In 1779, Neefe joined the Helmut Großmann- theater company and moved to Bonn. In 1781 he joined also a circle of intellectuals (Geheimbund der Illuminaten) there which sought to realize and uphold the political ideals of the Enlightenment. In 1782 Neefe became court organist to the Archbiship of Cologne, Prince Maximilian Friedrich. His substitute in this post was the young (not yet 12-year-old) Beethoven. In 1784, the son of Maria Theresia, Maximilian Franz, succeded to the position of archbishop and elector. Neefe’s salary as court organist was reduced and the theater closed. Neefe was forced to support himself by giving music instruction. The theater was opened again in 1789, however the freedom torches of the French Revolution cast their light as far as the Rhine. The newly founded literary society, dominated by the politically active Illuminaten (including young Beethoven) heeded the call of freedom. By November, 1792, Beethoven had also left Bonn, headed for Vienna.

  The storm of revolution followed freedom’s enlightenment as the victorious French army pressed on to Bonn and Cologne on the Rhine in 1794, as the Kurfürst was forced to flee, leaving his court behind. Neefe, now city advisor for French requisitions, received the offer of an appointment to a postion as music director in Dessau. On the journey there he met up with the now former elector Maximilian Franz, who summarily discharged him from service. Having arrived in Dessau in 1796, Neefe would enjoy only a brief taste of freedom. He died on January 26, 1798 shortly before his 50th birthday.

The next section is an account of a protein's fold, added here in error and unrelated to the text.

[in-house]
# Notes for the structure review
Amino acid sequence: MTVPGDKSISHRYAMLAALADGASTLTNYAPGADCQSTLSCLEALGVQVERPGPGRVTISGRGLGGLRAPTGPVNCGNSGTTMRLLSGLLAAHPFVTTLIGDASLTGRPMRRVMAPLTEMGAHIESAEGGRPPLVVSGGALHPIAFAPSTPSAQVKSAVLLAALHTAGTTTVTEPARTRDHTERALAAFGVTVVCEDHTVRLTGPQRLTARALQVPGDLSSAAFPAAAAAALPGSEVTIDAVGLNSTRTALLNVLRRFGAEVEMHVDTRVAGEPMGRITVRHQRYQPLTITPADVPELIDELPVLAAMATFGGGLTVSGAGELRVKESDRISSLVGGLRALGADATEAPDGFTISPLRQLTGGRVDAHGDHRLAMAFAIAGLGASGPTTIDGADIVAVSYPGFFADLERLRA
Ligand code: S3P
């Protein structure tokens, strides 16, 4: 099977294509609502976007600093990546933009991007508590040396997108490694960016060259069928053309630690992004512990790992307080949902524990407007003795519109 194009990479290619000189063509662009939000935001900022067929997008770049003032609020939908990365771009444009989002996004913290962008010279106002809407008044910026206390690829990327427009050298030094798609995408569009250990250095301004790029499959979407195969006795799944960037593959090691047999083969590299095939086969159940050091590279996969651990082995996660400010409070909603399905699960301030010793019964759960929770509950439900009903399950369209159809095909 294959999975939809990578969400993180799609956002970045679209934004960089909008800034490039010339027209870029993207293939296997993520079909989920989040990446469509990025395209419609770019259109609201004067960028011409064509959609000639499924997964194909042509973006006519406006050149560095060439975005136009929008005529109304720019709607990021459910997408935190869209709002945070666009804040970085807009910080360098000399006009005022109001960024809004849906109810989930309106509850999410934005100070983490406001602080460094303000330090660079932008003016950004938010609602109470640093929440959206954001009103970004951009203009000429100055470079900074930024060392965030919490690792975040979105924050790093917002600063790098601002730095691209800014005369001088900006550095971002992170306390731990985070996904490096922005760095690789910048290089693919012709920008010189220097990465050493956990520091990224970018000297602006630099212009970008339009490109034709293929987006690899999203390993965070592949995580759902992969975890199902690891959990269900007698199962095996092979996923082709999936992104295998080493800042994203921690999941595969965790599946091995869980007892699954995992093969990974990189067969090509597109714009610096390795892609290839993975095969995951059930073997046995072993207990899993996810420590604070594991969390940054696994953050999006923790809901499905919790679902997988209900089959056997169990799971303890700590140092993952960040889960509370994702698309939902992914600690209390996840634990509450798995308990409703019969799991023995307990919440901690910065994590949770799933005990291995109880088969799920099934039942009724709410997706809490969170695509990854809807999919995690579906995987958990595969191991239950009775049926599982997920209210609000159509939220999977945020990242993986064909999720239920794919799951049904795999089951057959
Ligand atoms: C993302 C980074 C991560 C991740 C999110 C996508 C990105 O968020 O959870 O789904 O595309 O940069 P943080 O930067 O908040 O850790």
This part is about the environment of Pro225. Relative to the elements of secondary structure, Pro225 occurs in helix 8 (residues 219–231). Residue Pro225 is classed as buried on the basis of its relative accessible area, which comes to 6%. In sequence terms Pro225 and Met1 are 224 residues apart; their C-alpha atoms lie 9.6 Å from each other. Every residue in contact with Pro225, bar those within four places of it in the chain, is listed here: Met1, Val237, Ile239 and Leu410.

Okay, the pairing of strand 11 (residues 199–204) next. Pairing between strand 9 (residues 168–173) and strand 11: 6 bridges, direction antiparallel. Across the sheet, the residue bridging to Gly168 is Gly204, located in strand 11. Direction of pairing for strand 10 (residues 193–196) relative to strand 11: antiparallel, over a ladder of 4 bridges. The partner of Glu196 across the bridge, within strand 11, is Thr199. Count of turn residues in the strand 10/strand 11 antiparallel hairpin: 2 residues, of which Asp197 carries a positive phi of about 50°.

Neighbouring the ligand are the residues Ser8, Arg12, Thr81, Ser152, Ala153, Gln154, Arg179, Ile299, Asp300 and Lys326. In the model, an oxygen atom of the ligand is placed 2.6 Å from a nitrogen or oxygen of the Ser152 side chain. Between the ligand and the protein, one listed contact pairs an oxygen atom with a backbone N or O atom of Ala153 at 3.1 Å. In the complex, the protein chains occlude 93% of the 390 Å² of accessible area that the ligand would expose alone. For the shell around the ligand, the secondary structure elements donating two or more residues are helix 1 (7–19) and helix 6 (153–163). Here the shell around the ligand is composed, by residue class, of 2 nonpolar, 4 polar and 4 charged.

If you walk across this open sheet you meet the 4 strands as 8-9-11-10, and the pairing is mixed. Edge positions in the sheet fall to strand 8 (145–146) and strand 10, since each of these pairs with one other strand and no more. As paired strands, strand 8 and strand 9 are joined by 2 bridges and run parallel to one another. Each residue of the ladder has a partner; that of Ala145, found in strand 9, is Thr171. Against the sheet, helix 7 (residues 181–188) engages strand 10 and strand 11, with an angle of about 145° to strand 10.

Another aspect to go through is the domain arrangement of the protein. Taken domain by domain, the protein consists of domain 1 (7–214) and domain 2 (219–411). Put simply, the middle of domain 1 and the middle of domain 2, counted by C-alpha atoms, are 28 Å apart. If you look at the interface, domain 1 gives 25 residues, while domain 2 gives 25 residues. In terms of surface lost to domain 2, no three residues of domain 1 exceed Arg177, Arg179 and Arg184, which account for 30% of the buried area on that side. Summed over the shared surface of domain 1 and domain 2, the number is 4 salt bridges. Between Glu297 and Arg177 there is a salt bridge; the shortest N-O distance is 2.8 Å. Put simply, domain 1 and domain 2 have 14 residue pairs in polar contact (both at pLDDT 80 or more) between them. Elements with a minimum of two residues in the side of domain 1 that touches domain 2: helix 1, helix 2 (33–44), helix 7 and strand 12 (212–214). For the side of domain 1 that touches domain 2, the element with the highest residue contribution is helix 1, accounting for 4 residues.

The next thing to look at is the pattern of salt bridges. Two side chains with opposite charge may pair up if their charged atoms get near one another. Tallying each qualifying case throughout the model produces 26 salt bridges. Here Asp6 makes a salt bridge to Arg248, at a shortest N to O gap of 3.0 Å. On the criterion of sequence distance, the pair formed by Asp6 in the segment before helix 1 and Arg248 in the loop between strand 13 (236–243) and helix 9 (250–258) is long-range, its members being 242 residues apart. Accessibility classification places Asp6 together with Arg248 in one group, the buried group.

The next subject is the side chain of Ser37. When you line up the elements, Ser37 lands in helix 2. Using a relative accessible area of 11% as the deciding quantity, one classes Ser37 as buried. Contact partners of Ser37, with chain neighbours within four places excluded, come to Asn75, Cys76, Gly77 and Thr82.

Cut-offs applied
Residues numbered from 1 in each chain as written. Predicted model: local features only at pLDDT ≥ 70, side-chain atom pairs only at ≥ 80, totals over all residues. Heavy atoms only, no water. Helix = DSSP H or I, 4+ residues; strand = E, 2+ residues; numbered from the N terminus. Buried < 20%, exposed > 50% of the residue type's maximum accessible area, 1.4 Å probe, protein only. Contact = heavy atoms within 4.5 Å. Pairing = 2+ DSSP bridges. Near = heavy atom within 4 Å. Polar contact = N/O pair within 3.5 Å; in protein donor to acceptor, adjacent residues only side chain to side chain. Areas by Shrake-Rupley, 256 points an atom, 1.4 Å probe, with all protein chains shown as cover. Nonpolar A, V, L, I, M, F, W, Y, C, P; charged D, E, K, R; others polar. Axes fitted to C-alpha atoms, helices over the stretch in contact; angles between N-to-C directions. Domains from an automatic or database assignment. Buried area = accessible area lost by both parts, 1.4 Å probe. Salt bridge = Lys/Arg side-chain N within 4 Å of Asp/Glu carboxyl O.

In addition to numerous works for stage, particularly worthy of note are the sacred choral works, and Lieder with clavier accompaniment on texts by Klopstock, Herder and others, as well as Lieder on texts concerning Freemasonry. Among the works for clavier are two easy sonatinas from 1768 (Jugendsonatinen), six “new“ piano sonatas (Leipzig 1773 and 1774), a piano sonata from 1780, six piano sonatas (lost), 1781, variations, polonaises, menuets, a capriccio in c-minor, and a large fantasy in f-minor from 1787; among the chamber works are six violin sonatas from 1776 and one violin sonata from 1780. Of the works for large orchestra only one of three partitas for winds and strings remains extant as well as the only piano concerto, which is herewith published. This concerto was printed by Götz in Mannheim in 1782.

  The piano concerto exhibits a somewhat more south-German character in contrast to similar works of E. W. Wolf, and J. C. F. Bach (Fuller, 1998, 1999). It is playable on the harpsichord as well as on the fortepiano, however requires for a performance on the fortepiano a rather bright but delicate-sounding middle-German instrument (Silbermann, perhaps). Whether the young Beethoven actually performed this concerto or whether it eventually served as an inspiration for a later concertos, also in G-major must remain matters of conjecture.